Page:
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Freedom Union (Poland)

Freedom Union
Chairman Władysław Frasyniuk (1999-2005)
Founded 20 March 1994
Dissolved 9 May 2005
Merger of Democratic Union
Liberal Democratic Congress
Succeeded by Democratic Party
Ideology Liberalism,
Social liberalism,
Christian democracy
Political position Centre-right to Centre-left
European affiliation European Democrat Union
Politics of Poland
Political parties
Elections

The Freedom Union (Polish: Unia Wolności, UW) was a liberal[1] democratic political party in Poland.

Contents

  • History 1
  • Election results 2
    • Sejm 2.1
    • Senate 2.2
    • Presidential 2.3
    • Regional assemblies 2.4
    • European Parliament 2.5
  • Former leader 3
  • Members of Polish Parliament (Sejm) 4
  • Former Members of Polish Senate 5
  • Members of the European Parliament of the former Freedom Union 6
  • Other prominent members 7
  • See also 8
  • References 9

History

It was founded on 20 March 1994 out of the merger of the Democratic Union (Unia Demokratyczna, UD) and the Liberal Democratic Congress (Kongres Liberalno-Demokratyczny, KLD). Both of these parties had roots in the Solidarity trade union movement. It represented European democratic and liberal tradition, i.e., it advocated free market economy and individual liberty, rejected extremism and fanaticism, favoured European integration (in the form of European Union membership), rapid privatisation of the enterprises still owned by the Polish state and decentralisation of the government.

Timeline of Polish liberal parties after 1989
Citizens' Movement for Democratic Action /ROAD (1990-1991)
Liberal Democratic Congress /KLD (1990-1994)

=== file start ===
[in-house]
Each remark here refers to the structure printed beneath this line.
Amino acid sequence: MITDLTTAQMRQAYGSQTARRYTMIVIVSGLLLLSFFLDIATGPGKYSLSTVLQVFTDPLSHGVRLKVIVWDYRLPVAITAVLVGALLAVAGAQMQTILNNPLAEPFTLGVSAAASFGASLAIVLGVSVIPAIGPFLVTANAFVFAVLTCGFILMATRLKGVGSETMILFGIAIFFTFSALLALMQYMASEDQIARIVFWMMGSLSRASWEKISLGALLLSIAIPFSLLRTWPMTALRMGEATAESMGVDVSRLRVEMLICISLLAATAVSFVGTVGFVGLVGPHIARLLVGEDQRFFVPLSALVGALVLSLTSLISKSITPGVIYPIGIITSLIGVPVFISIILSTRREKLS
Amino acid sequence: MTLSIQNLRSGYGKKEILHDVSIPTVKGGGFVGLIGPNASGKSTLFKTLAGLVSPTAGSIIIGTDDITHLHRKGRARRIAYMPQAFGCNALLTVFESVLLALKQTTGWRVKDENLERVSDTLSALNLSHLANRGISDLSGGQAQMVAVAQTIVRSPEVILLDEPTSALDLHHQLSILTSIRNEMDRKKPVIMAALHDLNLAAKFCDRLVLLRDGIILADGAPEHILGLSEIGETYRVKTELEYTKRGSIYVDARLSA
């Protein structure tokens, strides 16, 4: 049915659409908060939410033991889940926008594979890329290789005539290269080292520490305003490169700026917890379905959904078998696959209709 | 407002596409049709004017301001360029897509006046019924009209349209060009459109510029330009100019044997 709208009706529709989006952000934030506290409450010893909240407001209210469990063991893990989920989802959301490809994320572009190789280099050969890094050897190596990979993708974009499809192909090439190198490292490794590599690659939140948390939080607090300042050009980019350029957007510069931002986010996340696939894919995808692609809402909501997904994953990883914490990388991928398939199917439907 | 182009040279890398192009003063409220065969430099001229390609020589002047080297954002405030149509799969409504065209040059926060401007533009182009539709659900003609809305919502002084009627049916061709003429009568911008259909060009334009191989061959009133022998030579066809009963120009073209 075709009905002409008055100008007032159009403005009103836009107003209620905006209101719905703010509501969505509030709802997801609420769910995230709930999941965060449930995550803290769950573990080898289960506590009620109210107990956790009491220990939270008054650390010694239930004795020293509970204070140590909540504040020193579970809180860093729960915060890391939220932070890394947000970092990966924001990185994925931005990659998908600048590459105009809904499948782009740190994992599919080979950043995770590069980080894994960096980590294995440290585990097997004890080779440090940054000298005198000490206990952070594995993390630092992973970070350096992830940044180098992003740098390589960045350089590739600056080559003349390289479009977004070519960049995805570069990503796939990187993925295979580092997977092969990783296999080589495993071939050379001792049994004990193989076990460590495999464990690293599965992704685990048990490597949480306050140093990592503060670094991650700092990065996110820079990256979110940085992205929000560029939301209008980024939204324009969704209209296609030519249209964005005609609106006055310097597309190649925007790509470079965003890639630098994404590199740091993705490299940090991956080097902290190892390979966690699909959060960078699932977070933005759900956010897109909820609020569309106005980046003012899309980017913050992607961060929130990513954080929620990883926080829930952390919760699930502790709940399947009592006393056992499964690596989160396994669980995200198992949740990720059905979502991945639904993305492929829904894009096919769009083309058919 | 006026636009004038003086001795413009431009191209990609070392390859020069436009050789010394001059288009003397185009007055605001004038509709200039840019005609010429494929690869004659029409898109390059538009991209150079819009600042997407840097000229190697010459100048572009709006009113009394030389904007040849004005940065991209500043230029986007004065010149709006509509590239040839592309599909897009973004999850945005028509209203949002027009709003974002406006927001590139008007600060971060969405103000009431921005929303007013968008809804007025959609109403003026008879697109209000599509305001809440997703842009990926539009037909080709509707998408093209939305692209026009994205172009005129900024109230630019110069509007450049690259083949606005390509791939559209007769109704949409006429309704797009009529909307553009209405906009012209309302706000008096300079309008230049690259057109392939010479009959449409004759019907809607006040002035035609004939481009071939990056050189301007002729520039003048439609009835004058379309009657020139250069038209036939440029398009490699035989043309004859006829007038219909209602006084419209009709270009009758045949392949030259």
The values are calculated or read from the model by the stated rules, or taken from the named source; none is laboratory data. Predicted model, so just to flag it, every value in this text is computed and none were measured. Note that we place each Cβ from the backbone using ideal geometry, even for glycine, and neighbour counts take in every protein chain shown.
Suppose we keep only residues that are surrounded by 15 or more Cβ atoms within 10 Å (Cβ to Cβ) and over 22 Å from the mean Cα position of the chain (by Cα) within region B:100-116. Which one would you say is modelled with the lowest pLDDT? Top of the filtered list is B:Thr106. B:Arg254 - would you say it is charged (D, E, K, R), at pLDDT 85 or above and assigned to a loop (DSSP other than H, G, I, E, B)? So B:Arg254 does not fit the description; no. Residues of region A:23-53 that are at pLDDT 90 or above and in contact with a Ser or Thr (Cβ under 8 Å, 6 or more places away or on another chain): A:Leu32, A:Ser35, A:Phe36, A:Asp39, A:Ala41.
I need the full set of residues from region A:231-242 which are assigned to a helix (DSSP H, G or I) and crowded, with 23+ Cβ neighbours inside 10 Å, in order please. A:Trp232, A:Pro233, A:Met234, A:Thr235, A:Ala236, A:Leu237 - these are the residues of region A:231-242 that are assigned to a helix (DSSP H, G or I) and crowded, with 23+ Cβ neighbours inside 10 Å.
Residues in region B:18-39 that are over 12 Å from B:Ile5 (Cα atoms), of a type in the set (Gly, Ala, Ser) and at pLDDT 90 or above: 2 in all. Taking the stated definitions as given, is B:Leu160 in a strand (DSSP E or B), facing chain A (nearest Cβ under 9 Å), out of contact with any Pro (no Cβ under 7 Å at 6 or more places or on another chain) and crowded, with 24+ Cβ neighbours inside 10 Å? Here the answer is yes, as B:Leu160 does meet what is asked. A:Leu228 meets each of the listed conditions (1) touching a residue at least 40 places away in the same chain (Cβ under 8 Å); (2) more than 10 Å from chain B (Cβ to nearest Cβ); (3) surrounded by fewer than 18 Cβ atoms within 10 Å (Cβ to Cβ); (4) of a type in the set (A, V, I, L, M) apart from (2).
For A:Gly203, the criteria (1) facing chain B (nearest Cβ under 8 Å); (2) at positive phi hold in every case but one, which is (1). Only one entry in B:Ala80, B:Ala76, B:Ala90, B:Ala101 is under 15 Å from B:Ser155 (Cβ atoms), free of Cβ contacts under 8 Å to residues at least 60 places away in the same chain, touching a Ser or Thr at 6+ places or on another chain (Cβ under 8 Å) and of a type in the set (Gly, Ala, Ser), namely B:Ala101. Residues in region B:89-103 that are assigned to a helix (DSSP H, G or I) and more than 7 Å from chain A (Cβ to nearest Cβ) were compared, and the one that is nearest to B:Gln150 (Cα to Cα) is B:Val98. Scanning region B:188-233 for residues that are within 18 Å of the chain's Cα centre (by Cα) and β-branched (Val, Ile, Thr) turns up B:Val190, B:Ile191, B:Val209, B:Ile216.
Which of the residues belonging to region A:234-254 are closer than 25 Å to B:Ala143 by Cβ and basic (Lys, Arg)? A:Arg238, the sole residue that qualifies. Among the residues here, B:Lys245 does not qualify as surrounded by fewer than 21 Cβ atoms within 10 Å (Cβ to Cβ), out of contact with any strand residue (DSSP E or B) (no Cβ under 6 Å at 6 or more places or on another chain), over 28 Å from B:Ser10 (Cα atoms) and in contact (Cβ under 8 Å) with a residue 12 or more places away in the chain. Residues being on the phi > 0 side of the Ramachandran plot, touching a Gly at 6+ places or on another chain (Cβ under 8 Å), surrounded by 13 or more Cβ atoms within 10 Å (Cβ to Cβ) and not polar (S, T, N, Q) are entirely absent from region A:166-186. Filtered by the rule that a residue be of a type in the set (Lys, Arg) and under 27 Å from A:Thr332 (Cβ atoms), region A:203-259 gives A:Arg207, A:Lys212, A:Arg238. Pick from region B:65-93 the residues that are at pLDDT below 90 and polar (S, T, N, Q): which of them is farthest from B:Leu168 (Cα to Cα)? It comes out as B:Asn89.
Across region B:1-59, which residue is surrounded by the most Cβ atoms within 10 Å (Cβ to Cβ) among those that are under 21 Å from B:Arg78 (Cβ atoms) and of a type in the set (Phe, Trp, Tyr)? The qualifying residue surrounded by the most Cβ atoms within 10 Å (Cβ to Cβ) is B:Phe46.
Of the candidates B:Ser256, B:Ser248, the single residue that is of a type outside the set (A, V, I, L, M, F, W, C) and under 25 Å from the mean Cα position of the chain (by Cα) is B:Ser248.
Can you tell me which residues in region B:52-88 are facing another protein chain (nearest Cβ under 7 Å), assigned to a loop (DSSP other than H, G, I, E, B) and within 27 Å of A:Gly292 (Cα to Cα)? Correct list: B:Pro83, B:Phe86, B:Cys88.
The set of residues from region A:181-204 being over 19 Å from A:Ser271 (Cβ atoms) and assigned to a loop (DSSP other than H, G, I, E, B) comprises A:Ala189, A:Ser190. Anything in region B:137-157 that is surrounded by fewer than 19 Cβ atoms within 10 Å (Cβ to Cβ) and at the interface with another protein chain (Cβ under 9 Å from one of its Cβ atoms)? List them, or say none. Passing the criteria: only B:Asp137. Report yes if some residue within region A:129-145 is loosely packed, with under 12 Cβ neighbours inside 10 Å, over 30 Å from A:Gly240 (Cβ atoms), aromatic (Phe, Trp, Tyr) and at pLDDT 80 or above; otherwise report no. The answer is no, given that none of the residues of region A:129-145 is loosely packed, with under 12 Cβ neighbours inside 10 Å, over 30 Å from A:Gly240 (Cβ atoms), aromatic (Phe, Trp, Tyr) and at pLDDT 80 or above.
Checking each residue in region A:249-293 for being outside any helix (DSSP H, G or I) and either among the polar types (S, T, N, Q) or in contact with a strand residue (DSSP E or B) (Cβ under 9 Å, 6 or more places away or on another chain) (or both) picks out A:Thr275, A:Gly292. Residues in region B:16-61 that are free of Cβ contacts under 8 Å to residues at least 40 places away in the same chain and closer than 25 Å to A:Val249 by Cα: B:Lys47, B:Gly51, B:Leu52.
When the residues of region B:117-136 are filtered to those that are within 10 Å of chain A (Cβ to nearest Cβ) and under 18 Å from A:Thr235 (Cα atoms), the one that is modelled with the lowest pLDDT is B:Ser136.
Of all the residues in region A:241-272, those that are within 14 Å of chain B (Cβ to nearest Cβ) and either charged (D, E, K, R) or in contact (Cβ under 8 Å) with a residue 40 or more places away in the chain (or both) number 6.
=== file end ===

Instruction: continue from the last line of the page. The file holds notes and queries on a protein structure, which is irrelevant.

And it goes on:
Democratic Union /UD (1991-1994)
Freedom Union /UW (1994-2005)
Democratic Party /PD (2005- )
Palikot's Movement /RP (2011-2013)
Your Movement /TR (2013- )

In the 1991 general elections, the KLD received 7.5% of the vote and 37 seats in the Sejm (out of 460 seats) and the UD got 12.3% of the votes and 62 seats. In 1993 the KLD got 4.0% of the votes and was left without seats; the UD got 10.6% of the votes and 74 seats. In 1997 the UW got 13.4% of the votes and 60 seats.

In January 2001 some members of the party decided to move to join the new Civic Platform (Platforma Obywatelska), which got 12.7% of the votes and 65 seats in the 2001 general elections whilst the Freedom Union failed to cross the 5% threshold required to gain entry to Parliament, receiving only 3.1%. Surprisingly, the party managed to cross the required 5% threshold in the 2004 European Parliament elections, receiving 7% of votes and 4 of 54 seats reserved for Poland in the European Parliament as part of the European Liberal Democrat and Reform Party, of which it was a member.

The initiative by the Freedom Union leadership to found the centre/social-liberal Democratic Party (Partia Demokratyczna - demokraci.pl) attracted a lot of attention. It was cofounded by Władysław Frasyniuk and economy minister Jerzy Hausner, joined by prime minister Marek Belka. Former Freedom Union member Tadeusz Mazowiecki also joined the initiative. Legally the centrist Democratic Party, founded May 9, 2005, is the successor of the Freedom Union.

Election results

Sejm

Election year # of
votes
% of
vote
# of
overall seats won
+/–
1997 1,749,518 13.4
60 / 460
14
2001 404,074 3.1
0 / 460
60

Senate

Election year # of
overall seats won
+/–
1997
8 / 100
2001
5 / 100
3
As part of the Senate 2001 coalition, which won 15 seats.

Presidential

Election year Candidate 1st round 2nd round
# of overall votes % of overall vote # of overall votes % of overall vote
1995 Jacek Kuroń 1,646,946 9.2 (#3)

Regional assemblies

Election year % of
vote
# of
overall seats won
+/–
1998 10.34
76 / 855
2002 2.29
3 / 561
73

European Parliament

Election year # of
votes
% of
vote
# of
overall seats won
+/–
2004 446,549 7.3
4 / 54

Former leader

Members of Polish Parliament (Sejm)

  • None since 2001

Former Members of Polish Senate

Members of the European Parliament of the former Freedom Union

Other prominent members

See also

References

  1. ^ Paul G. Lewis (2000). Political Parties in Post-Communist Eastern Europe. Routledge. pp. 51–.  
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